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J Obstet Gynaecol Can. 2004 Nov;26(11):975-81.

Determinants of breast-feeding and weaning in Alberta, Canada.

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McLaughlin Centre for Population Health Risk Assessment, Institute of Population Health, University of Ottawa, Ottawa ON.



To assess the determinants of breast-feeding initiation and duration at the population level in Alberta, Canada.


Determinants of breast-feeding were assessed based on data from a sample of 1113 women, who represented 150,898 fertile women in Alberta, in the second cycle of the National Population Health Survey conducted 1996-97. Logistic regression analysis was used to estimate the independent effects of various determinants of breast-feeding initiation and duration dichotomized at 4 weeks, 8 weeks, 12 weeks, and 6 months postpartum. All analyses used analytic weights to take both the average design effect and population weights for the complex survey design into account.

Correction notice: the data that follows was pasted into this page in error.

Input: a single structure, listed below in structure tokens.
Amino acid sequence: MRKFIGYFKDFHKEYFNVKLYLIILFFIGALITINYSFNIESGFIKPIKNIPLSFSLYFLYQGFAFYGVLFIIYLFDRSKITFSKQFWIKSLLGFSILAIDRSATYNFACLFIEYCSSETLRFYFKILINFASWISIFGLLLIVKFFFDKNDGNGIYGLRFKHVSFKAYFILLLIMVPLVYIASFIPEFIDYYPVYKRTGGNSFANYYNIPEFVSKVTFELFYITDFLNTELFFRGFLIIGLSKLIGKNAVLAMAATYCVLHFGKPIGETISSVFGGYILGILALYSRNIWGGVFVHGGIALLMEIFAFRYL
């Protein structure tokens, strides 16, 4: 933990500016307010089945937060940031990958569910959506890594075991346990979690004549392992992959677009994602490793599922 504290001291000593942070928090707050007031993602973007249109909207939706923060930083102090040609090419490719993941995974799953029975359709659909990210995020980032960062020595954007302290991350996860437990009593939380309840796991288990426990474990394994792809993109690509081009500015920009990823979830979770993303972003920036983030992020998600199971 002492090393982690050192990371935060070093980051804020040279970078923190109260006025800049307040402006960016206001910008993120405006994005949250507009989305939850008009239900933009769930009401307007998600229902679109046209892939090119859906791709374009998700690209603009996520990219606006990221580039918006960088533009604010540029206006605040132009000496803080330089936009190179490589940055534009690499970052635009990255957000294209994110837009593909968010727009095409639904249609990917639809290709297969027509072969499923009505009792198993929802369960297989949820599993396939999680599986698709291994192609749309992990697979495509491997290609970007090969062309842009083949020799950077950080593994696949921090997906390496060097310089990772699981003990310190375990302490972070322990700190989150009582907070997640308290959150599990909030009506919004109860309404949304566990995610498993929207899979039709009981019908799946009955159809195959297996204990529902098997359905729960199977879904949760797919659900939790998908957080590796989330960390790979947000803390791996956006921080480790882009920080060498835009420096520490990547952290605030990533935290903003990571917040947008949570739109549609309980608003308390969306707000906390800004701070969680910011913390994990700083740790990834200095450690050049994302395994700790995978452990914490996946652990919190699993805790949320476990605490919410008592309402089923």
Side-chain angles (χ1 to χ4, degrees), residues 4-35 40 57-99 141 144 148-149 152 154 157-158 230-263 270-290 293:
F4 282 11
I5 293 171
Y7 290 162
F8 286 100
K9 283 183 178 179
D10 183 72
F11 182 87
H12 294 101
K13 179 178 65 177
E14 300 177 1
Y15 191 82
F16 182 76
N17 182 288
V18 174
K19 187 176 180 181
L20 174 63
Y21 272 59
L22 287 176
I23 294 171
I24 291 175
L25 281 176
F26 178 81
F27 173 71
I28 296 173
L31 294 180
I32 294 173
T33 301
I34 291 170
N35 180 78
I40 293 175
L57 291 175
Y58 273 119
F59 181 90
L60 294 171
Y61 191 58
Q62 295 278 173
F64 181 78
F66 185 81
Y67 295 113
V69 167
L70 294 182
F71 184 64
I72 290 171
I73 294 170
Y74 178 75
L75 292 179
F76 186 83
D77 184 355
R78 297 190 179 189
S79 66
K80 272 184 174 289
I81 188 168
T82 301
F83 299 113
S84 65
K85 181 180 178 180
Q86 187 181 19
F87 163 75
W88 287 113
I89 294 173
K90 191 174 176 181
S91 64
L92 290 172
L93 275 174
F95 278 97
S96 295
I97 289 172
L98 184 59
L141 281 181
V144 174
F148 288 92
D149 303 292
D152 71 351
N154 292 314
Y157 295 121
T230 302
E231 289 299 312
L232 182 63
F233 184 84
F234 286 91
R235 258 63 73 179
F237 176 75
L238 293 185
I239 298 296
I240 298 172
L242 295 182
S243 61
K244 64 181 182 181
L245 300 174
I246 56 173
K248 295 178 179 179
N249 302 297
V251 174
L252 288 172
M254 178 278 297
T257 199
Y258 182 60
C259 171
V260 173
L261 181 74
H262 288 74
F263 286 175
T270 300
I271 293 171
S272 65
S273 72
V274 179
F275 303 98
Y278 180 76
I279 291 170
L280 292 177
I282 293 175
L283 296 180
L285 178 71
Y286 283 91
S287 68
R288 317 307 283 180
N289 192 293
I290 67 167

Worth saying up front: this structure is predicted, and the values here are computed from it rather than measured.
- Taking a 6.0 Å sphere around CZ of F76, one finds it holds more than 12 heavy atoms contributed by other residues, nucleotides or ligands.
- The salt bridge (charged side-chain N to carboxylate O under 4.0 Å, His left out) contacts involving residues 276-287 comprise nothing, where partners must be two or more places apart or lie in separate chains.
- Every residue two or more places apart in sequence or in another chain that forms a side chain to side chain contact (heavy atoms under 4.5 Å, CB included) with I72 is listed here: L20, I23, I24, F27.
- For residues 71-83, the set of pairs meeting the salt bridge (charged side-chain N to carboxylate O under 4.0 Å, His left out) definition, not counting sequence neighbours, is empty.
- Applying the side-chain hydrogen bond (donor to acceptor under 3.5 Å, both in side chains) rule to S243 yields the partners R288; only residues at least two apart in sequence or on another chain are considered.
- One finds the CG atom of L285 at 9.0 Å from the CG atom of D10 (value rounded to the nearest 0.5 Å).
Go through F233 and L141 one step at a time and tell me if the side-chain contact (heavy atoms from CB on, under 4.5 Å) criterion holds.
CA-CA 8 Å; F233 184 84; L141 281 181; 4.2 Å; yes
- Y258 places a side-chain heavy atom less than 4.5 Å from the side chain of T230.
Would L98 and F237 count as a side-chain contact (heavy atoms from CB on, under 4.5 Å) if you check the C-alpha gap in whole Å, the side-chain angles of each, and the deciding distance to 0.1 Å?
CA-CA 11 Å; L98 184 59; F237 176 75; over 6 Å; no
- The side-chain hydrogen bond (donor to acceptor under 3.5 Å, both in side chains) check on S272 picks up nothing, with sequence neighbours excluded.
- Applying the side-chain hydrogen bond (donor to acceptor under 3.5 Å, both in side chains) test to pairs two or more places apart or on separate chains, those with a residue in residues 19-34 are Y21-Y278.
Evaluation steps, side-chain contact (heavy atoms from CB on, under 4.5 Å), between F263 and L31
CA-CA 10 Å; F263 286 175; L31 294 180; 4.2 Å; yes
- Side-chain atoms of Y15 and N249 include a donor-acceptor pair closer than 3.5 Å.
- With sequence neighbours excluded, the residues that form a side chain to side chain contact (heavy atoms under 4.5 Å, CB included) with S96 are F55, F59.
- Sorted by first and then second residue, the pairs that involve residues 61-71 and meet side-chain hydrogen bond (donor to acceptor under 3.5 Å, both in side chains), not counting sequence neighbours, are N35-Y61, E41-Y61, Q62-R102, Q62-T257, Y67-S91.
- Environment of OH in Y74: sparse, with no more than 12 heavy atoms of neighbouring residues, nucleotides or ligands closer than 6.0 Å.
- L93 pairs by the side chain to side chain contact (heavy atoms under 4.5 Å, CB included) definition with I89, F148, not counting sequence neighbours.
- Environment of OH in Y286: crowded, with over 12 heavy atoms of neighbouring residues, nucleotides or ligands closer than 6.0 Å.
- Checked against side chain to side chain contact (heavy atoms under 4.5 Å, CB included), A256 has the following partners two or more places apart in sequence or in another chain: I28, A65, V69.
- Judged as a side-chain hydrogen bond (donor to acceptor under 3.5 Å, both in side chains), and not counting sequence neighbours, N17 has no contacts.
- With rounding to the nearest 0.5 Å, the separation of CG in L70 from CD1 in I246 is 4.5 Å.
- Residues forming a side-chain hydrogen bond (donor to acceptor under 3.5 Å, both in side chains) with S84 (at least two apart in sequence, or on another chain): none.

The proportion of breast-feeding initiation was 85.6%. It was observed that 71.3% of mothers continued breast-feeding for at least 3 months, and 37.2% of mothers breast-fed their infants for more than 6 months. Determinants of breast-feeding initiation were marital status, education, maternal smoking behaviour, and annual family income. White women and women who were older than 35 years of age were more likely to continue breast-feeding for longer periods, whereas those who smoked during pregnancy were less likely to breast-feed their infants for extended periods. The primary reasons for weaning were breast problems at less than 1 week, insufficient milk production during weeks 1 to 12, and infants who weaned themselves after 3 months.


Smoking cessation during pregnancy, adequate treatment of early breast problems, and breast-feeding promotion campaigns targeting socioeconomically disadvantaged populations could serve to increase breast-feeding in Canada.

[Indexed for MEDLINE]

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